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Employment law roundup

Newsweek purports to discern a renewed boom in workplace suits, though the strength of its evidence for that proposition is open to question (Jennifer Barrett, "'I Have Never Seen Such a Fever Pitch'" Jul. 21). In one remarkable bit of stimulation to the employment litigation sector, a California court of appeals has ruled that a litigant can turn an age discrimination claim into a lawsuit under the state's famously broad unfair-competition statute, s. 17200, on the grounds that an employer who commits age discrimination gains an unfair competitive advantage over employers that don't (Alexei Oreskovic, "Nestle Ruling Paves Way for New Work Discrimination Cases", The Recorder, Jun. 16). The EEOC has filed a lawsuit on behalf of a Mormon employee who says he was fired for refusing to drink alcohol, prompting blogger Michael Fox to observe that "one of the fascinating things about employment law is how almost any issue that could arise in the workplace, seems to ultimately lead to a possible claim of some sort". ("Fired for not drinking, suit alleges", Jewish World Review, Aug. 3; Employer's Lawyer, Aug. 26). And the EEOC has gotten its hand slapped by a court after overreaching in one of those much-publicized "noose" racial harassment cases (EEOC v. Asplundh Tree Expert Co., 11th Circuit, Aug. 7 (PDF), via Employer's Lawyer, Aug. 7).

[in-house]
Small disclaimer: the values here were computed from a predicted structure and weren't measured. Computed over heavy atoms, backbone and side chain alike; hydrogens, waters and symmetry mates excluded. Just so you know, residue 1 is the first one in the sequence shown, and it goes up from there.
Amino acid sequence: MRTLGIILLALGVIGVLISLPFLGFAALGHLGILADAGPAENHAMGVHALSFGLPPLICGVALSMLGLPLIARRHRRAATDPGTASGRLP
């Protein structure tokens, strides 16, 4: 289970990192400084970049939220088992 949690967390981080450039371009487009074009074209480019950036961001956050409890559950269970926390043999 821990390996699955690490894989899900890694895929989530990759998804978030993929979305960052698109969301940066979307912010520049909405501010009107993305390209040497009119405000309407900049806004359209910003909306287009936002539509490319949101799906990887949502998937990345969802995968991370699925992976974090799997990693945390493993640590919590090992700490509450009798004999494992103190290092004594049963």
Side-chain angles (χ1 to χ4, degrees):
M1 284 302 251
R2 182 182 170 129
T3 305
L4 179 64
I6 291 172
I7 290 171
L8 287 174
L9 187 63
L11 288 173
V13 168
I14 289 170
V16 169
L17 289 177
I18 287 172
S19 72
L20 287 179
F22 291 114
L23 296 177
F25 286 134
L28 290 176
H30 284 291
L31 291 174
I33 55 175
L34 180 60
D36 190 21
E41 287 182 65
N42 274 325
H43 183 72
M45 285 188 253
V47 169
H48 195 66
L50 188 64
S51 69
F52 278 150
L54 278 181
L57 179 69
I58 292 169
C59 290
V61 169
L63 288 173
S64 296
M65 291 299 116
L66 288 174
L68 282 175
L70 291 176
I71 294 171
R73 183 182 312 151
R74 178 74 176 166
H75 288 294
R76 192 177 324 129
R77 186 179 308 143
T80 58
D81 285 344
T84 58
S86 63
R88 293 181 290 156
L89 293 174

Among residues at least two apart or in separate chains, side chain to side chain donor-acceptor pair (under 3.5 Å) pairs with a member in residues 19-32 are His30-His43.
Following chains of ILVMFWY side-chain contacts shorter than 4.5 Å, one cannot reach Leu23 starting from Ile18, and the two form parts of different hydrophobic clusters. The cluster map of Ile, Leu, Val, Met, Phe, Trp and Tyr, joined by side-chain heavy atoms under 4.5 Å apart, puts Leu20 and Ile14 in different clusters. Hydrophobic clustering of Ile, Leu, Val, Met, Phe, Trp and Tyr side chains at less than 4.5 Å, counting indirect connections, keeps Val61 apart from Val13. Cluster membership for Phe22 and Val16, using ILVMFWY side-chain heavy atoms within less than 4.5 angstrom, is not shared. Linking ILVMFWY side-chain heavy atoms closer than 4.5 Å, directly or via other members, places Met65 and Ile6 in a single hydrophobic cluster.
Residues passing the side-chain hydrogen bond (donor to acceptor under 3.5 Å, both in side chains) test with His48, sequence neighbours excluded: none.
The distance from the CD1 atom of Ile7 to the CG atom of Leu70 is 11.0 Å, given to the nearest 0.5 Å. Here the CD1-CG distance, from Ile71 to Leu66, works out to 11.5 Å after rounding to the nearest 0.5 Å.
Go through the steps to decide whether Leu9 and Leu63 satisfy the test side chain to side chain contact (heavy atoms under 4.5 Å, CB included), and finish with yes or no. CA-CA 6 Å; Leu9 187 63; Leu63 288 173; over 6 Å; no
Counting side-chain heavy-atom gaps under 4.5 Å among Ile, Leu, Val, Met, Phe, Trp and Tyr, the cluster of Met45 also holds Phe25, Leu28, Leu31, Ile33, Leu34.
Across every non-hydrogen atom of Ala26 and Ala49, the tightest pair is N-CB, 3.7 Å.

(Cross-posted from Overlawyered, where it ran Sept. 2, 2003)

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Rafael Mangual
Project Manager,
Legal Policy

Manhattan Institute


Published by the Manhattan Institute

The Manhattan Insitute's Center for Legal Policy.